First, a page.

I am always really happy to hear something vaguely resembling one of my favourite bands of all time, in this case Prefab Sprout. But, the old songs get slightly depleted after 30 years and the new bands that are influenced often don’t get any further than a quote and a nudge here and there. The Loch Ness Mouse, one of Scandinavia’s finest pop combos’ self-titled album is different: it’s not just extremely well-crafted and magically referential to the fab Sprouts, but most importantly, it elevates our mood just like old masters of sophistipop did, bringing us fresh material at the same time.
This self titled album that was already released January 22, 2016 on Voices of Wonder Records, was also released through the well-respected Japanese label P-Vine Records and involved a number of guests including Sondre Lerche and Anne Lise Frøkedal. I am well aware of the fact that this review is way overdue, but I think the album deserves a bit of an attention boost:
“Warm Circuitry“ starts our journey back in time and gives us that snug feeling of instant-recognition: engulfing chords a la Paddy McAloon gently strumming, dabs of 80’s synths and delightful vocal harmonies set the tone, and warm us up for the rest of the album (which we will need with all the rain coming up). “Bamboo” has to be a favourite, although I have to admit that it takes a few listens for it to come alive completely. It’s just one of those songs you end up playing over and over and need to sing along to, even if you don’t know the lyrics. Beautiful, unexpected chord progressions here. “The Cherry Blossoms in Japan” takes us back to the early Style Council of “Luck“. It’s an “uplifter” with a penchant for relentless romanticism “Why we take someone to heart, I can’t explain, who cares if the heart will…beat… normally again“.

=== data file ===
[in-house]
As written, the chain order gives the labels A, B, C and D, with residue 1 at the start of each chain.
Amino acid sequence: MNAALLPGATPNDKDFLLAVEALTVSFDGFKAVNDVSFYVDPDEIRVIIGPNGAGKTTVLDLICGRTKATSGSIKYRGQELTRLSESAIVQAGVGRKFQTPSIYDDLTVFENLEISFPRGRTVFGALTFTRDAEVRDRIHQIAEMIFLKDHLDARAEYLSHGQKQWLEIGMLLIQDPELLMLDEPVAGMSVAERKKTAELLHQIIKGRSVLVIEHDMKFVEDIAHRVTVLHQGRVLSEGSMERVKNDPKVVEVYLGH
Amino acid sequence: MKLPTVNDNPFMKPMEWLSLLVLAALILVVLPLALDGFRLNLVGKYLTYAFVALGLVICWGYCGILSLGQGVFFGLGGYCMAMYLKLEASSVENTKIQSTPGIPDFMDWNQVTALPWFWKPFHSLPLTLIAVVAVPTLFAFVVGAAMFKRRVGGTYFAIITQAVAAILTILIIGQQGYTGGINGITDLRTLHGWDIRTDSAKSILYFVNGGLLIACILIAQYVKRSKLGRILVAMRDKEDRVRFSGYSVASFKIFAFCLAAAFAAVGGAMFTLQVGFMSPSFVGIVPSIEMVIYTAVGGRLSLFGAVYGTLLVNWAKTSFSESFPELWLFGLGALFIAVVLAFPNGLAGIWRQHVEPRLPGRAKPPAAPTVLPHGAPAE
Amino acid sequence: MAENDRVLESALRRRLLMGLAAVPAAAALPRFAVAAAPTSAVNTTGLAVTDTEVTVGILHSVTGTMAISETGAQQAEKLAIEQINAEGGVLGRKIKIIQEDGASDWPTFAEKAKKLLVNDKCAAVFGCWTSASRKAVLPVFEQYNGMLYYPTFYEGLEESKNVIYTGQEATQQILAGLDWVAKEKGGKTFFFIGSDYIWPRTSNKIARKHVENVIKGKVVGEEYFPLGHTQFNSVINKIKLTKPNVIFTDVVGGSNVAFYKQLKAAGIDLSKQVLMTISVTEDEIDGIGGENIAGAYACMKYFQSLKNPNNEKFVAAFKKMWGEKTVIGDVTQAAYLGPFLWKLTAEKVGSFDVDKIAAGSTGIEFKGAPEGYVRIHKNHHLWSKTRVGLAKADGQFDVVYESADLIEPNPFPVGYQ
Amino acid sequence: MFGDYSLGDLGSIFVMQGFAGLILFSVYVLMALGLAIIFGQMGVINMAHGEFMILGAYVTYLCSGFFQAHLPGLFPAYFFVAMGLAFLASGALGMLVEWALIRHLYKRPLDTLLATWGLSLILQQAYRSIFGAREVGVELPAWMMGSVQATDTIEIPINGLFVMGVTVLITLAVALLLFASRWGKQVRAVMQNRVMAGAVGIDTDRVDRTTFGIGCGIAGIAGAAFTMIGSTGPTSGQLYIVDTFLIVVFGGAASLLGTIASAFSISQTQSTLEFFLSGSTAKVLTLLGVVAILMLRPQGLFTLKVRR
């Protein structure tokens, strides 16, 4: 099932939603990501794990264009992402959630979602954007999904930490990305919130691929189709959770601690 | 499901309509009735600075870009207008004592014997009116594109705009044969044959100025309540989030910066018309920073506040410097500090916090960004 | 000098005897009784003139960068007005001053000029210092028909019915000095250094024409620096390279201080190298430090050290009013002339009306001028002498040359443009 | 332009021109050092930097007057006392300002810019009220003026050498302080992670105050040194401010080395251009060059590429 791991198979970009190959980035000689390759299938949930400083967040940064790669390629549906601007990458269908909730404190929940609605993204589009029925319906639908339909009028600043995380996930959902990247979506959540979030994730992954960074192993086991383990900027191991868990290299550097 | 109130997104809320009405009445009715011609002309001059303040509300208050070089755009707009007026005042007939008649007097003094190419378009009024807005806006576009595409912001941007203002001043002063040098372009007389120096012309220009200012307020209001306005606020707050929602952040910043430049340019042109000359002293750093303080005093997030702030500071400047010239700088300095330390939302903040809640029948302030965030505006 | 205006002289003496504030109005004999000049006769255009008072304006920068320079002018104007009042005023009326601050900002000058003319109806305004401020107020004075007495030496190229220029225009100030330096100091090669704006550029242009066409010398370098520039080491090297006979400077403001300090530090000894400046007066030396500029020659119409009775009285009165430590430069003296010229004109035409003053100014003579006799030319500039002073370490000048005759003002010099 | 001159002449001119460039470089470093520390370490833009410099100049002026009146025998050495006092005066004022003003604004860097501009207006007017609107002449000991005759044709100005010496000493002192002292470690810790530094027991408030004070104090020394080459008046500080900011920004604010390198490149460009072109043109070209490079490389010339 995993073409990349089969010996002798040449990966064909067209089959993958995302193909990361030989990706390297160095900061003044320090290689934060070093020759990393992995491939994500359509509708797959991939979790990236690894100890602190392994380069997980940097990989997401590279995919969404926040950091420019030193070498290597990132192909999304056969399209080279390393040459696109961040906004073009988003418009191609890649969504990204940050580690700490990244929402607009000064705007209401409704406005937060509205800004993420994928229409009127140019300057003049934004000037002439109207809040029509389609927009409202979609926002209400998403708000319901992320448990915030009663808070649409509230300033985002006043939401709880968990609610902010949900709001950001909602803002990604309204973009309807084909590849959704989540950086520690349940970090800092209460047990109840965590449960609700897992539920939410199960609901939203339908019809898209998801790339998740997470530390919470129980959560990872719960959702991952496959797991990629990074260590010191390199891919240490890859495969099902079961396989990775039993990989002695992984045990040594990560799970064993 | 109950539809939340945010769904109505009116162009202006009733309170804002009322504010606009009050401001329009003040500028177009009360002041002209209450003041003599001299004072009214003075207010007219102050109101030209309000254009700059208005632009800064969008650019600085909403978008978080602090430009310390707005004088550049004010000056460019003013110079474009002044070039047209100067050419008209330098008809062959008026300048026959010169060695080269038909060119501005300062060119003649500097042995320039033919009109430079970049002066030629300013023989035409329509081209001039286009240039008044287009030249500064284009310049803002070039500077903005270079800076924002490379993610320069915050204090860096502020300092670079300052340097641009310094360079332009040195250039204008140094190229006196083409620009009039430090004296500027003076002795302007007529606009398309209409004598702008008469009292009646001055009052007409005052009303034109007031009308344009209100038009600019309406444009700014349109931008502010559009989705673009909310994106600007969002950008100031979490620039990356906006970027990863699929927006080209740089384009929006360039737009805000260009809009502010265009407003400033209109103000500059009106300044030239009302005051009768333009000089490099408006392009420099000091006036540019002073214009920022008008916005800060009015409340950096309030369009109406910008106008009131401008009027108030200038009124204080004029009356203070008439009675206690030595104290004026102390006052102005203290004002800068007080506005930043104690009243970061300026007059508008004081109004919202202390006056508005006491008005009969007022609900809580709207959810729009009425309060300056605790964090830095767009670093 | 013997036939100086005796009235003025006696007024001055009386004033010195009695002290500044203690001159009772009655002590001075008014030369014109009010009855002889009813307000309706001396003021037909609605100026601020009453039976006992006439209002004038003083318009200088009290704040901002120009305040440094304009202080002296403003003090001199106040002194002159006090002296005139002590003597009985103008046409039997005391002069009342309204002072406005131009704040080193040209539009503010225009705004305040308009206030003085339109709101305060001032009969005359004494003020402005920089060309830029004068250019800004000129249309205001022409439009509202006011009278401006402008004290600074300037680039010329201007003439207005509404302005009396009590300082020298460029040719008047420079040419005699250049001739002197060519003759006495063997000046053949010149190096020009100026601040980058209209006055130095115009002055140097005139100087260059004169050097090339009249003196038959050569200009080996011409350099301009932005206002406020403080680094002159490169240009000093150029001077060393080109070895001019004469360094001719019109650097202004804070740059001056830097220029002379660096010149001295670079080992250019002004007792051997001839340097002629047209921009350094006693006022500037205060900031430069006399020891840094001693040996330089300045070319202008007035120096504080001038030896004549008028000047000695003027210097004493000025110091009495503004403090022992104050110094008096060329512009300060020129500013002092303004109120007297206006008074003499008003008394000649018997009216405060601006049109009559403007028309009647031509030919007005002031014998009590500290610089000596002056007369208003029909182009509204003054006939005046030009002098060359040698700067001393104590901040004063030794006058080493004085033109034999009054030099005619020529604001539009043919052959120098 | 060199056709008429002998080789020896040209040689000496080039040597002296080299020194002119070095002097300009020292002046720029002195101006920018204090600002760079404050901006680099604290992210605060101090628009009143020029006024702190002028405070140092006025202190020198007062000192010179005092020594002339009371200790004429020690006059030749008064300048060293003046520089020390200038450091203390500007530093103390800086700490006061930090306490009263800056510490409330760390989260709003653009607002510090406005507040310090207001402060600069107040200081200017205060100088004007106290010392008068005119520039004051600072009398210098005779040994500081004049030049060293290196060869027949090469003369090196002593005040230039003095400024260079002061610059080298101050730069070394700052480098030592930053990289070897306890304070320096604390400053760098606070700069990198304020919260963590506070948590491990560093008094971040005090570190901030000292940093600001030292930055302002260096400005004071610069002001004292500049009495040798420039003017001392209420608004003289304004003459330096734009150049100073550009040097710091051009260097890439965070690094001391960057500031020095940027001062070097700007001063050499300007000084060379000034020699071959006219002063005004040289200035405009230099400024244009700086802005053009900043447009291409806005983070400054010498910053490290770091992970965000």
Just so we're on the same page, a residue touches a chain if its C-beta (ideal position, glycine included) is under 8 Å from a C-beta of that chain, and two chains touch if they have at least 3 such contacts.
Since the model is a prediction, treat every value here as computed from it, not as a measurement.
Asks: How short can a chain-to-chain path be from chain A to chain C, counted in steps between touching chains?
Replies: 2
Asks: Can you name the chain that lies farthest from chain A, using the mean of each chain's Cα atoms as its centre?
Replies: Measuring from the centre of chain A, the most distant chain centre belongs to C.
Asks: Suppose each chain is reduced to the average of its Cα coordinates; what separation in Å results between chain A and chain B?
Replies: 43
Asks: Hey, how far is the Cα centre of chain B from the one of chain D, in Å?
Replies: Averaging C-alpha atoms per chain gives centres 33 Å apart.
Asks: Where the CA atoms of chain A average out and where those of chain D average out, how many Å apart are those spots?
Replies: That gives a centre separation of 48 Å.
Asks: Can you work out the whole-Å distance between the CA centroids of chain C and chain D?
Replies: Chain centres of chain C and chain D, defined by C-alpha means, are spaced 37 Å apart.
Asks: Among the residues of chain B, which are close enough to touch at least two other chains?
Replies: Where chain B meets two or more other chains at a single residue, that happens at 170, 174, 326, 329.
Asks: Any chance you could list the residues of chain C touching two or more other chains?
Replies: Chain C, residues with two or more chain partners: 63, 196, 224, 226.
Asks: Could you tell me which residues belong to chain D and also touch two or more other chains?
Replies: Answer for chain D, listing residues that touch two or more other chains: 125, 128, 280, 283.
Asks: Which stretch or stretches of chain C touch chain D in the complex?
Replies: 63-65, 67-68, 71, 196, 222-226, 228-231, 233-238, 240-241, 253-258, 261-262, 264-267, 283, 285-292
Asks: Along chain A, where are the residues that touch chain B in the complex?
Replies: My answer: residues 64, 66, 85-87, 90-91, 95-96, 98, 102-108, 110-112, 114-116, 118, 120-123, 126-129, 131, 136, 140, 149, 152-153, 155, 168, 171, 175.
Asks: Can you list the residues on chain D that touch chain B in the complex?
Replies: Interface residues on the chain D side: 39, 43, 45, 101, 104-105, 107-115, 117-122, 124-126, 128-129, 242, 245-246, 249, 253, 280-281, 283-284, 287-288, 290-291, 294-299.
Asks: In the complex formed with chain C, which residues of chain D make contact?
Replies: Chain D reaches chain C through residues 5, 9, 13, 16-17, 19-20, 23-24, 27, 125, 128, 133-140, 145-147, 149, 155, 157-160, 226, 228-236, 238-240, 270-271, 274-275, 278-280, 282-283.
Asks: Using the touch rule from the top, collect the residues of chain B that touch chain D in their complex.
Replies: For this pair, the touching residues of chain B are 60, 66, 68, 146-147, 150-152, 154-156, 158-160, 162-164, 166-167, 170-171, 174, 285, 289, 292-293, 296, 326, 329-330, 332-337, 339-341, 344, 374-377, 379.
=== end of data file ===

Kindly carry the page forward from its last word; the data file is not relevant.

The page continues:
Hearing the first guitar-chords of “Pretend it’s Not So” is Prefab Sprout‘s “Bonny” revisited and then get sprinkled with magical keys and Bacharachian brass. It conjures up scenes from 60’s film “Les Parapluies the Cherbourg“… innocent and melancholy “early morning with rain“….. imagery that is extended in “Rain Checks” a track that reminds me of the J-pop of the very early Pizzicato Five album “Antique 96“, and on which we are treated to some power Paddy pop and a few yachtrock-ish guitar solo’s. “A Different Life” continues to take us in that direction and is a definitely inspired by Hall and Oates in their prime : “hall”mark keys, a hooky chorus and boundless layers of stunning harmonies. In “Epoxy“ the “raintown“ effect continues (“it’s gonna rain down hard again, in this town tonight said the weather report “) : I can’t help but hear “Goodbye Lucille” and I can’t help but wonder if we’re in Oslo or Inverness. The rain never seems to stop, but who cares! I am inside, listening to the the drops on my roof and the Loch Ness Mouse album…..